One of these species is a well-known Carolina Satyr (Hermeuptychia sosybius), discovered two centuries ago, in 1793: a small brown butterfly, just over an inch in wingspan, with eyespots along the edge of wings. It is one of the most common eastern US butterflies and a usual denizen of shaded, wooded areas, hence the name. The other species was new. It was named the “Intricate Satyr” (Hermeuptychia intricata) for ‘the difficulty in recognizing this very distinct species and its intricate ventral wing patterns’, Cong & Grishin write. Initially discovered in Brazos Bend State Park in East Texas, Intricate Satyr is widely distributed all over eastern USA in several states, including Florida and South Carolina. One discovery leads to another. Being curious about genetic makeup of these Satyrs, Cong & Grishin decided to investigate DNA sequences and genitalia of Satyr populations from South Texas. And it immediately paid off. These populations turned out to be another new species, named “South Texas Satyr” (Hermeuptychia hermybius). Interestingly, South Texas Satyr is a close relative of Carolina Satyr, but Intricate Satyr is rather distant from either of them.

This begs a question about how many more new species of eastern butterflies remain to be discovered and currently hide behind their colourful wings? Nobody really knows, but it is clear that nothing can be further from truth than a statement that there is not much new to be learned about North American butterflies.

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Journal Reference:

Qian Cong, Nick Grishin, (2014). A new Hermeuptychia (Lepidoptera, Nymphalidae, Satyrinae) is sympatric and synchronic with H. sosybius in southeast US coastal plains, while another new Hermeuptychia species – not hermes – inhabits south Texas and northeas. ZooKeys, 2014; 379: 43 DOI: 10.3897/zookeys.379.6394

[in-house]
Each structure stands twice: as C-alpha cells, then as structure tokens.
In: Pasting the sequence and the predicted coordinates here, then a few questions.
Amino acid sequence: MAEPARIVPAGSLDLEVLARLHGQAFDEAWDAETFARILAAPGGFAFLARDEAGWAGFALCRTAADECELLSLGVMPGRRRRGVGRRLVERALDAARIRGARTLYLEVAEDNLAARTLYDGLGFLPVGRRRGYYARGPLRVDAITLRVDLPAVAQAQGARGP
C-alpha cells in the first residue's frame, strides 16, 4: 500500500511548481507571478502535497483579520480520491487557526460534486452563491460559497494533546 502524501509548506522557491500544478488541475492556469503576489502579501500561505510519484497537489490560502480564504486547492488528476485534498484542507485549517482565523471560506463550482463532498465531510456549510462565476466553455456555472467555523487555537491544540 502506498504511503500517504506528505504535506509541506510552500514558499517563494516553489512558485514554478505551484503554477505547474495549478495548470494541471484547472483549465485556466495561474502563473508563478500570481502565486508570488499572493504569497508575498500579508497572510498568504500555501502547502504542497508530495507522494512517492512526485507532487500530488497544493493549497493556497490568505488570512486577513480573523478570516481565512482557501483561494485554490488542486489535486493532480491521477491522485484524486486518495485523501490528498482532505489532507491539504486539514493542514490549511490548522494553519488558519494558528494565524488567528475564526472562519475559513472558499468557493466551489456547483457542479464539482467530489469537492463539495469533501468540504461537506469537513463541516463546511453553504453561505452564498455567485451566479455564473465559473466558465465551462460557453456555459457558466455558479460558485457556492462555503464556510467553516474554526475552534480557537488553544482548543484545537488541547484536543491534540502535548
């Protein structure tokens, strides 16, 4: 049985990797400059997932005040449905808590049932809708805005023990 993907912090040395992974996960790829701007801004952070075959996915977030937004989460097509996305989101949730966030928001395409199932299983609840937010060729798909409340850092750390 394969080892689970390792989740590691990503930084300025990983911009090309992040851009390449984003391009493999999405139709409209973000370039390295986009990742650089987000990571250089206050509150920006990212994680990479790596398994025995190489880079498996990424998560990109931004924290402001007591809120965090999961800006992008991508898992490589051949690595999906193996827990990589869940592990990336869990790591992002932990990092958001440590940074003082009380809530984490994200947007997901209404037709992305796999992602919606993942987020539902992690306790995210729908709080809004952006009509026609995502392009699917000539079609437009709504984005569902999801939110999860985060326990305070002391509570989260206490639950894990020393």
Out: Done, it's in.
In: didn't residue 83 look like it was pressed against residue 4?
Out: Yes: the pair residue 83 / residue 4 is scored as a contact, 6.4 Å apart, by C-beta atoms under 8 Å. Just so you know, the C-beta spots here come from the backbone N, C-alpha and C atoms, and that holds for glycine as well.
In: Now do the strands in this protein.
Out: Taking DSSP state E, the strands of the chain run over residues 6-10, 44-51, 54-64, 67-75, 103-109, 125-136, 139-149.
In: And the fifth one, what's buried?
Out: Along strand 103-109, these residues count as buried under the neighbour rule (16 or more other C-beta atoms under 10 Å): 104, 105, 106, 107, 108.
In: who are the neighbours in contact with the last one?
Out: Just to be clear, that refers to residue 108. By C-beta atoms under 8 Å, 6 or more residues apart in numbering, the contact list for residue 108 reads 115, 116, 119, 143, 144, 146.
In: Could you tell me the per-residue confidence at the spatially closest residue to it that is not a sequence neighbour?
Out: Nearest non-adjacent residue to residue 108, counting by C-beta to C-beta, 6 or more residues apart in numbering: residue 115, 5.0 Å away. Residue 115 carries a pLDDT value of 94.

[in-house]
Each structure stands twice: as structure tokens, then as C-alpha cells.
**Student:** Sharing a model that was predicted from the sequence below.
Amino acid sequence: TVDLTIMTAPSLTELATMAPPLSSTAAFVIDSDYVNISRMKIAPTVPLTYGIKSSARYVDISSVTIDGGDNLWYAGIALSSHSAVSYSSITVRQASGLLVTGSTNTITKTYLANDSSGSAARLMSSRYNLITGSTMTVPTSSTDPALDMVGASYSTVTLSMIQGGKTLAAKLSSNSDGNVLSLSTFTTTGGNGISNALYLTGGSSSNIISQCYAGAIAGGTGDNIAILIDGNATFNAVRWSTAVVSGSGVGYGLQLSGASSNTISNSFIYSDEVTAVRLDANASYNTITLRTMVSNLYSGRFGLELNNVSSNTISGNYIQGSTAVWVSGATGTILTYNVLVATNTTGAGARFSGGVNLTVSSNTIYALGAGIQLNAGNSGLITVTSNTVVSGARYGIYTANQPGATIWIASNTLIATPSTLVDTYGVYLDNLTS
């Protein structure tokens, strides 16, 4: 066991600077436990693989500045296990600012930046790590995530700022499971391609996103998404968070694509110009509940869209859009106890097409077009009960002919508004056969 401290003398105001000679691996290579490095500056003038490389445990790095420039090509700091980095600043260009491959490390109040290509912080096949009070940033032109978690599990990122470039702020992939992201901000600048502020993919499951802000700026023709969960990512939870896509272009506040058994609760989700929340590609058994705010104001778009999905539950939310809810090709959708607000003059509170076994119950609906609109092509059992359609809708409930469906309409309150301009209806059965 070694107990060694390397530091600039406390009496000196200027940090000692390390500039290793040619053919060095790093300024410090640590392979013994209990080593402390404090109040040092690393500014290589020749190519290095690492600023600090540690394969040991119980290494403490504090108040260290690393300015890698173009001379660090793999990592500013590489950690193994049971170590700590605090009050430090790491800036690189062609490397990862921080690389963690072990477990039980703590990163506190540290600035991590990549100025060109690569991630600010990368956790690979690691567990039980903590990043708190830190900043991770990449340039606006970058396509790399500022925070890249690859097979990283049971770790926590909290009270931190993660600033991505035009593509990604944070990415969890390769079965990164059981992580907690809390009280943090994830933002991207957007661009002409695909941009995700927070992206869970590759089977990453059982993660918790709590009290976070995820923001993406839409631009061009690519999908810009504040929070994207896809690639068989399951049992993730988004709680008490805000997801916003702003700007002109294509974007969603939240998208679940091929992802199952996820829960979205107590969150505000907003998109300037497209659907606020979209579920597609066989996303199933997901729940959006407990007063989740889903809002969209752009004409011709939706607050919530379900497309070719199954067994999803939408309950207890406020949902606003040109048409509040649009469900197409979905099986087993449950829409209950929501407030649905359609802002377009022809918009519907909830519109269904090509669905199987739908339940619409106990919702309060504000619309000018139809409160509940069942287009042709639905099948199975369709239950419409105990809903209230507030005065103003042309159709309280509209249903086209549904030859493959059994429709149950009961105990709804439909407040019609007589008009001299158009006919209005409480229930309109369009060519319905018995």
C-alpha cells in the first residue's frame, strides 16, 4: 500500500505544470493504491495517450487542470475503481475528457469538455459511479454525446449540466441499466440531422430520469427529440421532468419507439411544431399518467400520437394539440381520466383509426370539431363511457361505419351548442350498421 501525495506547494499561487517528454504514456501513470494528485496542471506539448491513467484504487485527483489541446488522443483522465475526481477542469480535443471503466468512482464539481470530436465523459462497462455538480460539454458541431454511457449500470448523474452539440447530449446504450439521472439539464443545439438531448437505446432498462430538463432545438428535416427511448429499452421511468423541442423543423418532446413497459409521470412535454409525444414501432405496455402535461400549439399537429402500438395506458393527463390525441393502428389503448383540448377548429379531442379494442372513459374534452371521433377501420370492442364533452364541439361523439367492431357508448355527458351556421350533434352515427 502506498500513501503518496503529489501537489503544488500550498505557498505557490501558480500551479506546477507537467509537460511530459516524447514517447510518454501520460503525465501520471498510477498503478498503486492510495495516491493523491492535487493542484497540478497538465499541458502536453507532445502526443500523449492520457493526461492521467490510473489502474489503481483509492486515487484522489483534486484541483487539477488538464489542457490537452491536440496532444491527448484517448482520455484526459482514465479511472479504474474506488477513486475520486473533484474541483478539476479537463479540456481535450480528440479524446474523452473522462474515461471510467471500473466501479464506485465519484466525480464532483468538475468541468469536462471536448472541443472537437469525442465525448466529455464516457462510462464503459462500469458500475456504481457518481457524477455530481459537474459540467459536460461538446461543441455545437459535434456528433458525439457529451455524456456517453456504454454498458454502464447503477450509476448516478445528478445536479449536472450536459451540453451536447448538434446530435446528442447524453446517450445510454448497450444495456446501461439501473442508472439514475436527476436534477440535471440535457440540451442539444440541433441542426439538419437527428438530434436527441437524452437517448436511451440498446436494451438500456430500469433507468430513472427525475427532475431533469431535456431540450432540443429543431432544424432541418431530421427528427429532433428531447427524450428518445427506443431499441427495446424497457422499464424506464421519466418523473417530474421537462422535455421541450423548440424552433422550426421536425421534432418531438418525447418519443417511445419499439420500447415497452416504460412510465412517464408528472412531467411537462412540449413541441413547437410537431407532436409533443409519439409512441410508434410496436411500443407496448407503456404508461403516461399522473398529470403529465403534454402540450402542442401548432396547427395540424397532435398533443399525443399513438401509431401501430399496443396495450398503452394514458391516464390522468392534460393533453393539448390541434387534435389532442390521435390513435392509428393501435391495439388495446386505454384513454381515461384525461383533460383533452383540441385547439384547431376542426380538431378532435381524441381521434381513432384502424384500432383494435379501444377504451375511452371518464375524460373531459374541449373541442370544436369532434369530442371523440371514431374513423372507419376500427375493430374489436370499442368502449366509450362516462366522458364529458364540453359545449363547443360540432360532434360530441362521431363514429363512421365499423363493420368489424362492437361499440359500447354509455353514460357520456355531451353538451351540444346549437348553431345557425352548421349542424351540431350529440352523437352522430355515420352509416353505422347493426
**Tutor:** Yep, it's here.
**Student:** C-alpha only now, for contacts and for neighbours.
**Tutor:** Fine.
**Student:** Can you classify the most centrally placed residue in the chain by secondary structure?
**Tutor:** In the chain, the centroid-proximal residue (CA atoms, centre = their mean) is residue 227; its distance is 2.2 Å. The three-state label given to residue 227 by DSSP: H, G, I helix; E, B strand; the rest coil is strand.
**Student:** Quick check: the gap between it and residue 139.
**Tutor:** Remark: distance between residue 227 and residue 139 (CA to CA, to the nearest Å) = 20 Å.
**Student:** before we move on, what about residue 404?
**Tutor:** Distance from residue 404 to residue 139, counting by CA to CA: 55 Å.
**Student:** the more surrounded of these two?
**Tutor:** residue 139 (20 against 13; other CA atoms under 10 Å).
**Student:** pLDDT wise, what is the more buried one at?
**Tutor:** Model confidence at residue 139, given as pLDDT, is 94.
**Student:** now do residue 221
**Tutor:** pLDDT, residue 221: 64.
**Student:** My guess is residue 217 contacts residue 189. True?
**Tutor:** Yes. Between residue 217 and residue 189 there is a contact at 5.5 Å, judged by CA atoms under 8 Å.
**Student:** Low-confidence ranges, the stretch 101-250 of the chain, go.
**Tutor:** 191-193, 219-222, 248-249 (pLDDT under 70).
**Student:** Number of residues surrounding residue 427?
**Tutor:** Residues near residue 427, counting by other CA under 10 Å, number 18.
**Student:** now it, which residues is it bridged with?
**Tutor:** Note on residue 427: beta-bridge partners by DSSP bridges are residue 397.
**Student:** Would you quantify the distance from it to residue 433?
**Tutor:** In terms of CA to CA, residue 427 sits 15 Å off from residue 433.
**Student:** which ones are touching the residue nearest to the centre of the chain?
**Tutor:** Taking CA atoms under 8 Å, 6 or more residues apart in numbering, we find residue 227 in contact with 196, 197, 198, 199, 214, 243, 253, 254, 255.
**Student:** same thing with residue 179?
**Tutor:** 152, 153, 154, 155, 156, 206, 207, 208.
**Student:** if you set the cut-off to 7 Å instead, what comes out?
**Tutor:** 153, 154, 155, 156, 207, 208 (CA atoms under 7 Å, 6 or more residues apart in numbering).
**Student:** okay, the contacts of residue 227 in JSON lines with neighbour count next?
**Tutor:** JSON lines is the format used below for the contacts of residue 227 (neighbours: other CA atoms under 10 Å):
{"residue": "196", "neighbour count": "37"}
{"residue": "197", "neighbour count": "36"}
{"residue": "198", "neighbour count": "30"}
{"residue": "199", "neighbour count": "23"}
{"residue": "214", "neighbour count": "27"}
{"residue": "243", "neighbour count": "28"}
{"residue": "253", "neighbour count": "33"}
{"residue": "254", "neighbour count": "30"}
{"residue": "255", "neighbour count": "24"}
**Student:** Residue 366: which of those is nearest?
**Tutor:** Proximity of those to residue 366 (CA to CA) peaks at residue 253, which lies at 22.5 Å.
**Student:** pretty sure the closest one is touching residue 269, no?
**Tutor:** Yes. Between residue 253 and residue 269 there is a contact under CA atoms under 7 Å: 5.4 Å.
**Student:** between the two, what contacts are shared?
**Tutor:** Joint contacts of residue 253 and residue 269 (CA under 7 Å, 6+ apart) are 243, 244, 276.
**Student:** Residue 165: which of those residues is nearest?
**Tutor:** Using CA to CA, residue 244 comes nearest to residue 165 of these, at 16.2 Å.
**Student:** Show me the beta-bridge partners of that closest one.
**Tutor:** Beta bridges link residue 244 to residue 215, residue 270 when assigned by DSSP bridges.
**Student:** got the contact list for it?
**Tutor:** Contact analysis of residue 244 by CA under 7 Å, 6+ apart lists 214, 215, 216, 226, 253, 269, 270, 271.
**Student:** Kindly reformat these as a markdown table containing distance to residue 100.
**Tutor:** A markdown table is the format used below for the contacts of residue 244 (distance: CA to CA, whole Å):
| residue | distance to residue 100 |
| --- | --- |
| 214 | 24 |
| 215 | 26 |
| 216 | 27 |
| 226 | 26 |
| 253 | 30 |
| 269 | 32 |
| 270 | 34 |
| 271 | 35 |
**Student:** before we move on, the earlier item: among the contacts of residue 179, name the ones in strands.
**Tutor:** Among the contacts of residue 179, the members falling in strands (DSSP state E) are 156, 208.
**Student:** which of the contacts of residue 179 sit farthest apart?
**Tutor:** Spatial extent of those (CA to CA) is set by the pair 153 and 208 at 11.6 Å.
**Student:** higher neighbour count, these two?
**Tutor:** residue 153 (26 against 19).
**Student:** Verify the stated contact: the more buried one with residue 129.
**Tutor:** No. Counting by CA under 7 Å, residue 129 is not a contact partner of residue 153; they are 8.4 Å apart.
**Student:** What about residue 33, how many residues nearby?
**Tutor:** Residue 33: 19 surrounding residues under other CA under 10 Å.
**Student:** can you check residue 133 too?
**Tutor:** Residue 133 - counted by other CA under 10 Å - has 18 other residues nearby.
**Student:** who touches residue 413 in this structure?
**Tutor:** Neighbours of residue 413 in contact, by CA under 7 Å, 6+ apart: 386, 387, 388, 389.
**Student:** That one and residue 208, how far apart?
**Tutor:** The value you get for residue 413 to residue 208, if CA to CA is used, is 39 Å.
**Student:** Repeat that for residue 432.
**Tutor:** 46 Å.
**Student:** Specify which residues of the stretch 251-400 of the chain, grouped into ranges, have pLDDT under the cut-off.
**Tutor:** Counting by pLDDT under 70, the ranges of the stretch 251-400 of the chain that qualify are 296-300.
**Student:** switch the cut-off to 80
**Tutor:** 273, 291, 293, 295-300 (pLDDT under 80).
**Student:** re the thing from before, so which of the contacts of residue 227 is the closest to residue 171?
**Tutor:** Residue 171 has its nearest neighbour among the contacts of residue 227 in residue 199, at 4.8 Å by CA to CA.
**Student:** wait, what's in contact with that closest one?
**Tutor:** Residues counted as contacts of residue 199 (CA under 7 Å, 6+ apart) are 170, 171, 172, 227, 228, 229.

This news is licensed under the Creative Commons Attribution License (CC BY 4.0)

A photo of a dragonfly found in W.N.Y. wins a ‘Highly Honoured’ in the 2013 Nature Best Wildlife Photography Competition

You don’t have to travel in order to find good subjects for wildlife photography and competitions!

By pure chance, I found a page on a British wildlife photographer’s blog, showing his award-winning shot of what was, to him, an unusual species of dragonfly but to us in Western New York is a common species.  So if — as he writes — he was only able to grab two photos of the ‘halloween pennant’ in question, imagine how much advantage we “locals” have when we can see it and photograph it up close, every summer!

Richard Peters’ photo was taken in Florida but there are certainly plenty “Halloweens” here in Erie County, and by happy coincidence one of my own shots of this species is currently the ‘feature photograph’ at the very top of the ‘Site Index and About Us‘ page on this blog.

See Richard’s photograph here.

2013 ‘National Wildlife’ Photo Contest Winners Slideshow

WHEN NATIONAL WILDLIFE INAUGURATED ITS ANNUAL PHOTO CONTEST 43 YEARS AGO, contestants submitted just a few hundred images, all of them documenting the harmful impact of pollution on wildlife. That year’s Grand Prize winner portrayed a dead, oil-soaked cormorant. This year the editors received more than 32,000 entries in seven categories ranging from Backyard Habitats to Baby Animals. Yet despite their greater diversity, many entries still mirror NWF’s conservation priorities. This year’s Grand Prize winner, for instance, features a polar bear, a species severely threatened by climate change. On the day this bear was photographed, the temperature on northern Canada’s Hudson Bay soared above 90 degrees F during a record-breaking heat wave.

View a slideshow of the winning images here and the stories behind each image are available here.

Britain’s Farmland Butterflies Bounce Back from Low Numbers

Small tortoiseshell butterfly (Aglais urticae) on barley - Tim Melling - Butterfly Conservation